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Executive Council
Innovation, Business and Rural Development
March 26, 2012

Workshop Helps Inuit Women Develop Business Skills

Inuit women from Nunatsiavut had an opportunity to explore their entrepreneurial skills and interest in business at a workshop held in Hopedale last week, so that they may avail of emerging opportunities in Labrador.

The Women’s Policy Office, in partnership with the Department of Innovation, Business and Rural Development and the Newfoundland and Labrador Organization of Women Entrepreneurs, hosted the one-day business development workshop on March 21.

“Our government remains committed to advancing the status of women in our Aboriginal communities,” said the Honourable Charlene Johnson, Minister Responsible for the Status of Women. “According to the Newfoundland and Labrador Organization of Women Entrepreneurs, over seven per cent of women-owned businesses in our province are owned by Aboriginal women. Through workshops like this, we hope to increase the number of Aboriginal women in business and advance the economic independence of Inuit women.”

The day included presentations by two prominent female Inuit business leaders, Hilda Broomfield Letemplier and Patty Pottle. Hilda Broomfield Letemplier owns Pressure Pipe Steel Fabrication in Happy Valley-Goose Bay and has been involved in numerous industrial projects in Labrador, including Voisey’s Bay. Patty Pottle is the owner/operator of Amaguk Inn and D. J. Gift Shop Ltd. in Hopedale. They provided encouragement, shared their experience as Inuit women in business, discussed the obstacles they face, and explained how they became the successful business women they are today.

“Creating an environment where entrepreneurs are able to start or grow a business is a central element of our approach to economic and business development,” said the Honourable Keith Hutchings, Minister of Innovation, Business and Rural Development. “Through workshops of this nature we have the platform to create awareness of available tools and resources that support business development and widen the door to greater business success.”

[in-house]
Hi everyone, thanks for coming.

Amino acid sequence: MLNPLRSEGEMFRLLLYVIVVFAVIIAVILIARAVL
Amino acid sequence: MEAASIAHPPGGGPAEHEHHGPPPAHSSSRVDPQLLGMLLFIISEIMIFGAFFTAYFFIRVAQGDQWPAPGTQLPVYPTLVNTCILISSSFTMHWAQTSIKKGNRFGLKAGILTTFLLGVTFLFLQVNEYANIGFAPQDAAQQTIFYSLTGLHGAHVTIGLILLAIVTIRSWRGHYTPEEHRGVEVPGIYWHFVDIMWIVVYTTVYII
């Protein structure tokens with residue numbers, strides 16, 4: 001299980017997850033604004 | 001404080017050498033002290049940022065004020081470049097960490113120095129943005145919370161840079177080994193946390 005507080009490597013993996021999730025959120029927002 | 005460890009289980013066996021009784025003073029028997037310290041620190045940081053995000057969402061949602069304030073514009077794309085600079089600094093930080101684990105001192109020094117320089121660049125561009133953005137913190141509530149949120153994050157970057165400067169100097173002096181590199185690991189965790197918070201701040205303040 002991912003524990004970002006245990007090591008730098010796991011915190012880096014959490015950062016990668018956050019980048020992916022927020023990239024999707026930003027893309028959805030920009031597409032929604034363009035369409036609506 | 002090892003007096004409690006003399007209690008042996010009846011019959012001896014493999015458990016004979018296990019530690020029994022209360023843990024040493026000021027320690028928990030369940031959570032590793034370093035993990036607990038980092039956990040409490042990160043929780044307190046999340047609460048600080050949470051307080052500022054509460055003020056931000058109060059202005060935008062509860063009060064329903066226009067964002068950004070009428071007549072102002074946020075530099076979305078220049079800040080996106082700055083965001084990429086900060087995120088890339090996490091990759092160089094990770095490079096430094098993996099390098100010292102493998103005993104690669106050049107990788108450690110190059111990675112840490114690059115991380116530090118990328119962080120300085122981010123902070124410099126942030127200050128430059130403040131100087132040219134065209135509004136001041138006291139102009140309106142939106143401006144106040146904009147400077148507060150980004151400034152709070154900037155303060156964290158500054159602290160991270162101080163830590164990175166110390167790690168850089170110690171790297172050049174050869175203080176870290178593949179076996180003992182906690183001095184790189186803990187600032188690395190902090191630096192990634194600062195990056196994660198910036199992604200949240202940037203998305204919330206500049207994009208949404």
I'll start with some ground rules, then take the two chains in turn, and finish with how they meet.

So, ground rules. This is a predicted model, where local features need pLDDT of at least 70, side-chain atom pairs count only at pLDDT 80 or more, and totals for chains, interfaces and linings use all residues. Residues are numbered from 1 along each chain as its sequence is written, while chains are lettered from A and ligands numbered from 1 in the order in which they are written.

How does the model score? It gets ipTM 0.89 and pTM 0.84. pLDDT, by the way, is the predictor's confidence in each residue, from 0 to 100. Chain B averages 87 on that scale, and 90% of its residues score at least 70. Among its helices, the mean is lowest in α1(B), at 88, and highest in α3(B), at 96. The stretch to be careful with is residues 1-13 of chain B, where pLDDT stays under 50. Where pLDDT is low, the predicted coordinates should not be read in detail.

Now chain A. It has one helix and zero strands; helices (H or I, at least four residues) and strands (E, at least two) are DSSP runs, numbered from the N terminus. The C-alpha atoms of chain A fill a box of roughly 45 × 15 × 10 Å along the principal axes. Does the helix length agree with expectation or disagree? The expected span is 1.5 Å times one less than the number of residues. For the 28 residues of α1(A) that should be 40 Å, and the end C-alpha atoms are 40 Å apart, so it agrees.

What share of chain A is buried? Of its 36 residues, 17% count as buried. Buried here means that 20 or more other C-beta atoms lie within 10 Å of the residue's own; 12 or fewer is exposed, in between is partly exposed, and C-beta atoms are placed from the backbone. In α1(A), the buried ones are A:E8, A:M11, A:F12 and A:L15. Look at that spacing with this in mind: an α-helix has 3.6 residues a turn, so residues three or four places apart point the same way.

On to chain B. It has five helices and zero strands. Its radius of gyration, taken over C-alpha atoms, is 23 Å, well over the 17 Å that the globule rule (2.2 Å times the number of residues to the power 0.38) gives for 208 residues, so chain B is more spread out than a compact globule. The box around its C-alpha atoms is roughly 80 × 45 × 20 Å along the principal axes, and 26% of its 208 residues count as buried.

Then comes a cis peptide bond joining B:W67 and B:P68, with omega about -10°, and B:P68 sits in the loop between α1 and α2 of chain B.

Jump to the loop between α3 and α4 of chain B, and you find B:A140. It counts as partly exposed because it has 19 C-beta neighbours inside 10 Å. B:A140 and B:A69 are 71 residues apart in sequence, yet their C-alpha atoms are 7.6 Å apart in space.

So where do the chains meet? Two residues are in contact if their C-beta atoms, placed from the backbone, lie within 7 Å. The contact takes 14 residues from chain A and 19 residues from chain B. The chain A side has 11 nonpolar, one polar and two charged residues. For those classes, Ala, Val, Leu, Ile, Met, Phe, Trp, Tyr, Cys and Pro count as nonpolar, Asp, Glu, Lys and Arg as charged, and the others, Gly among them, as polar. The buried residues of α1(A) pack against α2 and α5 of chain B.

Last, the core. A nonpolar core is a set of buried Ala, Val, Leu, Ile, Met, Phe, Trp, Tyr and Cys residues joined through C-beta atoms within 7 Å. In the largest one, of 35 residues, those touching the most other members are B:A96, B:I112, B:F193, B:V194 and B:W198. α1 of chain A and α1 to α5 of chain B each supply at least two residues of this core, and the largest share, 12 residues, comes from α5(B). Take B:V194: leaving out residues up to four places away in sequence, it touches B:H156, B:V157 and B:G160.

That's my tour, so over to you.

Inuit women from Postville, Makkovik, Hopedale and Rigolet attended the workshop and expressed that they learned a great deal about business opportunities and they would be interested in participating in future workshops.

“The workshop was very informative and very well presented,” said Teena Flowers, Executive Director of the Selma Onalik Shelter, who was a participant in the workshop. “It also offered a great opportunity to meet other women from the Nunatsiavut communities who are interested in business.”

The workshop was offered through the Inuit Women’s Capacity Building Program, an initiative of the Women’s Policy Office, which identifies and addresses the barriers Inuit women face to accessing Provincial Government programs and services. It provides them with the information they need to make a positive difference in their own lives, the lives of their families and the well-being of their communities.

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Media contacts:

Tracey Boland
Communications Specialist
Women’s Policy Office
709-729-6225, 693-7938
Scott Barfoot
Director of Communications
Department of Innovation,
Business and Rural Development
709-729-4570, 690-6290

Teena Flowers
Executive Director
Selma Onalik Shelter

2012 03 26                            10:15 a.m.

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